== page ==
Forest minister’s resignation sought after ‘man-eating’ tigress shot dead in India

Should one let people die to save a ‘man-eating’ tigress or kill it to save them is the question many Indians are asking after a wild feline called ‘Avni’ (‘earth’), above (Image: Twitter/Milind Deora), was shot dead in central India’s Maharashtra state last week.

As thousands of villagers living near Yavatmal’s forests celebrated the death of the tigress with firecrackers and animal activists expressed outrage, federal minister Maneka Gandhi demanded the sacking of Maharashtra’s Minister for Environment and Forests Sudhir Mungantiwar for “ordering” the killing.

Gandhi, an animal lover, called six-year-old Avni’s killing a “ghastly murder” and wanted state Chief Minister Devendra Fadnavis to remove Mungantiwar.

Gandhi, Fadnavis and Mungantiwar belong to the ruling Bharatiya Janata Party (BJP).

Gandhi questioned the forest minister’s decision to involve Asghar Ali Khan, a tracker and son of a private marksman Shafat Ali Khan, in the patrol team. According to her, the “trigger-happy shooter” Asghar was not authorised to kill the animal.

Hiring his father Shafat, who had killed several tigers, leopards, elephants and wild boars in Maharashtra’s Chandrapur district, was equally questionable, she said.

Since Shafat was attending a meeting elsewhere on Friday evening, Asghar was roped in by forest officials.

Gandhi was also extremely concerned about the fate of Avni’s two cubs. She feared they may die in her absence.

Calling Gandhi’s words too harsh, Fadnavis said an investigation will be ordered if any procedural lapses have been committed. Investigators will examine whether the dart was fired or inserted after the shot.

Preliminary reports suggested the tigress attacked the forest department team after the dart was fired and she was shot in self-defence, he said.

Mungantiwar said no forest official wanted to kill the tigress. Hundreds of them were trying to capture her alive for the past three months.

But there was unrest among local farmers and shepherds after she had reportedly killed three people in Yavatmal in August this year, he said.
In September, the Supreme Court ruled Avni could be shot on sight as a last resort but efforts should be made first to tranquilise her.

All possible means were tried to capture the animal. It was shot to save the lives of forest staff trying to tranquilise her. The decision was taken by the Principal Chief Conservator of Forest (Wildlife).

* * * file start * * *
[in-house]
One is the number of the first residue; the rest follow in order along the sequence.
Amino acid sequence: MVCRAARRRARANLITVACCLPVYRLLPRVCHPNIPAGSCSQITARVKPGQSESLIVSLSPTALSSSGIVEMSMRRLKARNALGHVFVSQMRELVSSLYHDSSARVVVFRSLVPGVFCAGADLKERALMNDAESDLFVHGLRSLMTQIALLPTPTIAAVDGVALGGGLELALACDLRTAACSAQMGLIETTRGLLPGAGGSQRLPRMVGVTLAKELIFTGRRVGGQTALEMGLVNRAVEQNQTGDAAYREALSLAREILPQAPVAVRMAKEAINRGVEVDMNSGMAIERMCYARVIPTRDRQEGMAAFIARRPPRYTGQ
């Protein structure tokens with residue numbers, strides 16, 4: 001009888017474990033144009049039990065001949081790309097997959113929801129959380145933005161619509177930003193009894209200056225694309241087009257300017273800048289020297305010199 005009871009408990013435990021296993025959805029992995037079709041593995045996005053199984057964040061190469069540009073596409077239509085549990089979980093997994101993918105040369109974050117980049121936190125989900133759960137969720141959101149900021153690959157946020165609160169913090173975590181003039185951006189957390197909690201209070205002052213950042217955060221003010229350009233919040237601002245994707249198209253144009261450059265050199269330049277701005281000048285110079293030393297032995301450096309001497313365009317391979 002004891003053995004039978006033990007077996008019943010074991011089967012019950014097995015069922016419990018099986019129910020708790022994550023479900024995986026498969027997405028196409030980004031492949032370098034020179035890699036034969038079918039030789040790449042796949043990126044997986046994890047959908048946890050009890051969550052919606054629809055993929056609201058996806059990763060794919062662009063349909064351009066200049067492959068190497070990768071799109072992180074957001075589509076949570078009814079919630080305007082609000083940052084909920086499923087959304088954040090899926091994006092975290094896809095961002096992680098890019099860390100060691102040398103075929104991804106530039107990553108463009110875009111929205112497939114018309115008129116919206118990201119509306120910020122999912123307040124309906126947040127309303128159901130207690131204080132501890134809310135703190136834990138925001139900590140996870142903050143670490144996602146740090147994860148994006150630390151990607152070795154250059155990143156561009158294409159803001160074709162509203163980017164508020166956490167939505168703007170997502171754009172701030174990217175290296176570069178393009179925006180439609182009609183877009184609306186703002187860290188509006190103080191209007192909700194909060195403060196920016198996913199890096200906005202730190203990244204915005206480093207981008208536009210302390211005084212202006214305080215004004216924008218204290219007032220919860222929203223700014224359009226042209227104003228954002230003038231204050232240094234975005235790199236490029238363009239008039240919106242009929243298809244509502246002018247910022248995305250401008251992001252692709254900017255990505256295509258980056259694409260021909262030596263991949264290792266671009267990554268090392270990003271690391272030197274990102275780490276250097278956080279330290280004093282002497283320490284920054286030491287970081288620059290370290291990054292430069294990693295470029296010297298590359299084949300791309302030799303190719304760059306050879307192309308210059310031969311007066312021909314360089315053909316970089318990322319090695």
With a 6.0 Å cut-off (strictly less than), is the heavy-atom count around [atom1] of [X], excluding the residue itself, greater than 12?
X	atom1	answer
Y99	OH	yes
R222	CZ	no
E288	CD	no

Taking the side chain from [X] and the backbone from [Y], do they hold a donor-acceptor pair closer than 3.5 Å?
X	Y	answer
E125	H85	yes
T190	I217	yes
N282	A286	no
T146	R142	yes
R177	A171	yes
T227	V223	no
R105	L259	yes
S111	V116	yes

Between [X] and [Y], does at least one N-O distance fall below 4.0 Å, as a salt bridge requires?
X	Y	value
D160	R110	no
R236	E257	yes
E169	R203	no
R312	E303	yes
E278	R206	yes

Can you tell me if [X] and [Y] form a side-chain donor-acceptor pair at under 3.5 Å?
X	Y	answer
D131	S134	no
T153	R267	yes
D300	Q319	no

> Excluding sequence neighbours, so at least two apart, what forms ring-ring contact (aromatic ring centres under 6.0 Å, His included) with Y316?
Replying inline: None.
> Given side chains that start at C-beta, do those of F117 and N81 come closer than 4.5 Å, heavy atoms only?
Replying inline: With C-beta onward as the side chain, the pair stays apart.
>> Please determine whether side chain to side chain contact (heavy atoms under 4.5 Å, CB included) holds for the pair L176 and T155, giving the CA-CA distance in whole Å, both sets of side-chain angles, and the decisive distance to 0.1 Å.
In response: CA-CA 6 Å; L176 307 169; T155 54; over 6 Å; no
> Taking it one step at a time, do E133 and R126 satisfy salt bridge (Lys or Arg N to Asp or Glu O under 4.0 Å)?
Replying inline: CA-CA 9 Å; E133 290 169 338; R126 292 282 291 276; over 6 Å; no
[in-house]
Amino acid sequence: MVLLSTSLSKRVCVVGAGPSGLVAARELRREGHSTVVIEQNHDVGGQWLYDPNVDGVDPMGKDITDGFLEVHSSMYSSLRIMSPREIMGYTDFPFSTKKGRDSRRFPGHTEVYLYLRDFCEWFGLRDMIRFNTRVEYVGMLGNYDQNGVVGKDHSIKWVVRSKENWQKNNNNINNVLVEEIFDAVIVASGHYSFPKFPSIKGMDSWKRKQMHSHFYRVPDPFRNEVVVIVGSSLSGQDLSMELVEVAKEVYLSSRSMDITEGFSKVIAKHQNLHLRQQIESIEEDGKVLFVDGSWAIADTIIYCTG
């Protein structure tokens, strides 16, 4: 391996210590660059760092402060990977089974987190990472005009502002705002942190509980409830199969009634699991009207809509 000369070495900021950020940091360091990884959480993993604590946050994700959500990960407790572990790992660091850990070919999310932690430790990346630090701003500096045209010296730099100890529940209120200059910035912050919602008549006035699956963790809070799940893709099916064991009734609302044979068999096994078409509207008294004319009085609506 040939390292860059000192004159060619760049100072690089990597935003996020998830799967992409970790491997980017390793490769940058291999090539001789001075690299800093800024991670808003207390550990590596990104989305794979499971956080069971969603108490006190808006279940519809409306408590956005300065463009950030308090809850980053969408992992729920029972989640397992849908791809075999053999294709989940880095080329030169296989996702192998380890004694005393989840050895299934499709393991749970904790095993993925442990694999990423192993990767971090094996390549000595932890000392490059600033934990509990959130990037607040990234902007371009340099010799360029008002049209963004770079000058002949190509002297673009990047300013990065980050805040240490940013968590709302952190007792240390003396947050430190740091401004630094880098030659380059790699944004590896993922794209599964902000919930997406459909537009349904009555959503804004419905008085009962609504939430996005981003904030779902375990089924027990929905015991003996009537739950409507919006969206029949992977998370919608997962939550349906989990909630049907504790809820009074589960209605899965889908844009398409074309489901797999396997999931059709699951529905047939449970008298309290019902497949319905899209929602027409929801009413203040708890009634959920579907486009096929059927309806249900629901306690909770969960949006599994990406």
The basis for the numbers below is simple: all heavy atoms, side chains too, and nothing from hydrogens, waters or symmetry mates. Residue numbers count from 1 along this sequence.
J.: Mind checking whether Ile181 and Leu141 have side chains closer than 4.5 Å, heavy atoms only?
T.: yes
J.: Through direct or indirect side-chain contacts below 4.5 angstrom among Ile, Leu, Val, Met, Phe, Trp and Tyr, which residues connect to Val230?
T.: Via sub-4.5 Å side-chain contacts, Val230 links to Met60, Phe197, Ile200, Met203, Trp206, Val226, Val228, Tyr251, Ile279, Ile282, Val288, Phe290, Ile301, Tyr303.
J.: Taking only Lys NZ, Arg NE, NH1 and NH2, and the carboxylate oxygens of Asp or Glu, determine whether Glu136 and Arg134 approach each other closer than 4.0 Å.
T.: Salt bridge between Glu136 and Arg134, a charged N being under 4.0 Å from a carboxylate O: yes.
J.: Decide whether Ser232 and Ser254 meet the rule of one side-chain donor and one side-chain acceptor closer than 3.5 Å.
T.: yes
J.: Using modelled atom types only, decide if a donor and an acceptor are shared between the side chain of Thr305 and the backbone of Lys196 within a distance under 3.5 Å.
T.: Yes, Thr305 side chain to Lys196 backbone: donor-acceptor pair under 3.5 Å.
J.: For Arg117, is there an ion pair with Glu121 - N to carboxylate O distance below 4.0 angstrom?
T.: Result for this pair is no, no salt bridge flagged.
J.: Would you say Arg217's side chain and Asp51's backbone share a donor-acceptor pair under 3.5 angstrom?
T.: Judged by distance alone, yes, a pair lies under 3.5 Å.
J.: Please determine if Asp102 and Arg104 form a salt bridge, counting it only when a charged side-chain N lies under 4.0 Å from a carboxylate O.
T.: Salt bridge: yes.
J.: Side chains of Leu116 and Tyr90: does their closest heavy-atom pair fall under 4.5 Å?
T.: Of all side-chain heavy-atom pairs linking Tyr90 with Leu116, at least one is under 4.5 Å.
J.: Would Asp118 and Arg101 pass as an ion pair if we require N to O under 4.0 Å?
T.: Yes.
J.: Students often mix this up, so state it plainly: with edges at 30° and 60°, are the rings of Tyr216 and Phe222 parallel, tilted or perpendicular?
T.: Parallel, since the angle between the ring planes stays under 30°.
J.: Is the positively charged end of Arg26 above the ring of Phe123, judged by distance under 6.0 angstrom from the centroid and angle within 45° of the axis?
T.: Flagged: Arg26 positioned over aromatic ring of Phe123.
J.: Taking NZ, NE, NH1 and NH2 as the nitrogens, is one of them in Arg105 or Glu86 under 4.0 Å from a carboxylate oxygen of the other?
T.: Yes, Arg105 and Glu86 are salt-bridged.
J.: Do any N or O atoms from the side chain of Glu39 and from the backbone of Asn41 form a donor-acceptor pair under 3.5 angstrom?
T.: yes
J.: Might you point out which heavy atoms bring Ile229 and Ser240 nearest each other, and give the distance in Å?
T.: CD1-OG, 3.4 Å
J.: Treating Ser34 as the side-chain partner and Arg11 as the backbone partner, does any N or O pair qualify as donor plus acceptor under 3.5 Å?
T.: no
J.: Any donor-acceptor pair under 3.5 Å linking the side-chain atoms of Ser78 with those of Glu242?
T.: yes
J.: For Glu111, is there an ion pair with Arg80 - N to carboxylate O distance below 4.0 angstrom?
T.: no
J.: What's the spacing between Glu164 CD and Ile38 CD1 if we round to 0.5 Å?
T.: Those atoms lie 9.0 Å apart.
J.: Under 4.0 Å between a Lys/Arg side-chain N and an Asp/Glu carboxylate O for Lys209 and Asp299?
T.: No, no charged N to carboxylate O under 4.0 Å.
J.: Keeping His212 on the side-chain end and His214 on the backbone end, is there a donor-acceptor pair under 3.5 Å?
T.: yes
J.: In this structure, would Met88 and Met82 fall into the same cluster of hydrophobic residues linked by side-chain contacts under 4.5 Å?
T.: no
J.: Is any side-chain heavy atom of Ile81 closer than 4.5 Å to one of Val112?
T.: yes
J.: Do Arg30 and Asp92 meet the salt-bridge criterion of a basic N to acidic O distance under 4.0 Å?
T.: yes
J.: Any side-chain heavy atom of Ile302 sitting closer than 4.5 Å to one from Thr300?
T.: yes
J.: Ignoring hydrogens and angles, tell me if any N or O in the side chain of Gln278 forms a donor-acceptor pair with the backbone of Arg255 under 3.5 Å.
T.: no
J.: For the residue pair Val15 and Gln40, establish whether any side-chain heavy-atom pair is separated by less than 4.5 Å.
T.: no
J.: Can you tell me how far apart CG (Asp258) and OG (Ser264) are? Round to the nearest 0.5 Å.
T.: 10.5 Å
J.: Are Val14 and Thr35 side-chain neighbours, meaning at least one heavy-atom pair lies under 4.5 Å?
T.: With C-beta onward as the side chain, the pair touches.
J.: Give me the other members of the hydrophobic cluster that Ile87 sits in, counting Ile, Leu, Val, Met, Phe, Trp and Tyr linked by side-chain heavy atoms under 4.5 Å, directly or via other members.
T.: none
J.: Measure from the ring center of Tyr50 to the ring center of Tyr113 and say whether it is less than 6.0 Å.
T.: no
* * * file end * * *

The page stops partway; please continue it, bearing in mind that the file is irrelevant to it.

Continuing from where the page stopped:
The two cubs of Avni are nearly 11 months old and capable of survival in the wild. Still, the forest department will take care of them, he said.

Instead of lodging a complaint with the chief minister, Gandhi can order a high-level inquiry into the incident, he added.

Amid the war of words between the Gandhi and Mungantiwar, BJP’s ally Shiv Sena rubbed salt into the forest minister’s wound.

An editorial in party mouthpiece Saamna said that if a man inserts his hand inside a snake’s burrow, it will bite him. Similarly, if humans intrude the space of tigers, the animals will pounce on them.

Animal activists questioned the narrative of forest officials on Friday night’s incident.

Talking to The Indian Express, Prayag Hodigere Siddalingappa, a vet from Karnataka state, pointed to forest officials’ failure to involve a vet in their operation. He wanted to know why the forest staff chose the operation at night when it is difficult to monitor tiger movements.

He also disputed the team’s claim that Avni pounced on them after being darted. According to him, in such situations, a tigress does not charge at someone, instead it runs away.

Animal activist Jerry Banait, who had moved courts seeking the capture of Avni alive, too questioned the timing of the operation and the failure of the team to involve a vet in the patrol team.

A forest official, requesting anonymity, said although no vet was in the patrol team on Friday night, the dart was prepared by a vet.

The team lured Avni using as bait a live goat, the urine of another tigress, and a Calvin Klein perfume.

Sharpshooter Asghar said the tigress was darted by an expert but the animal charged at their open jeep and he was forced to pull the trigger.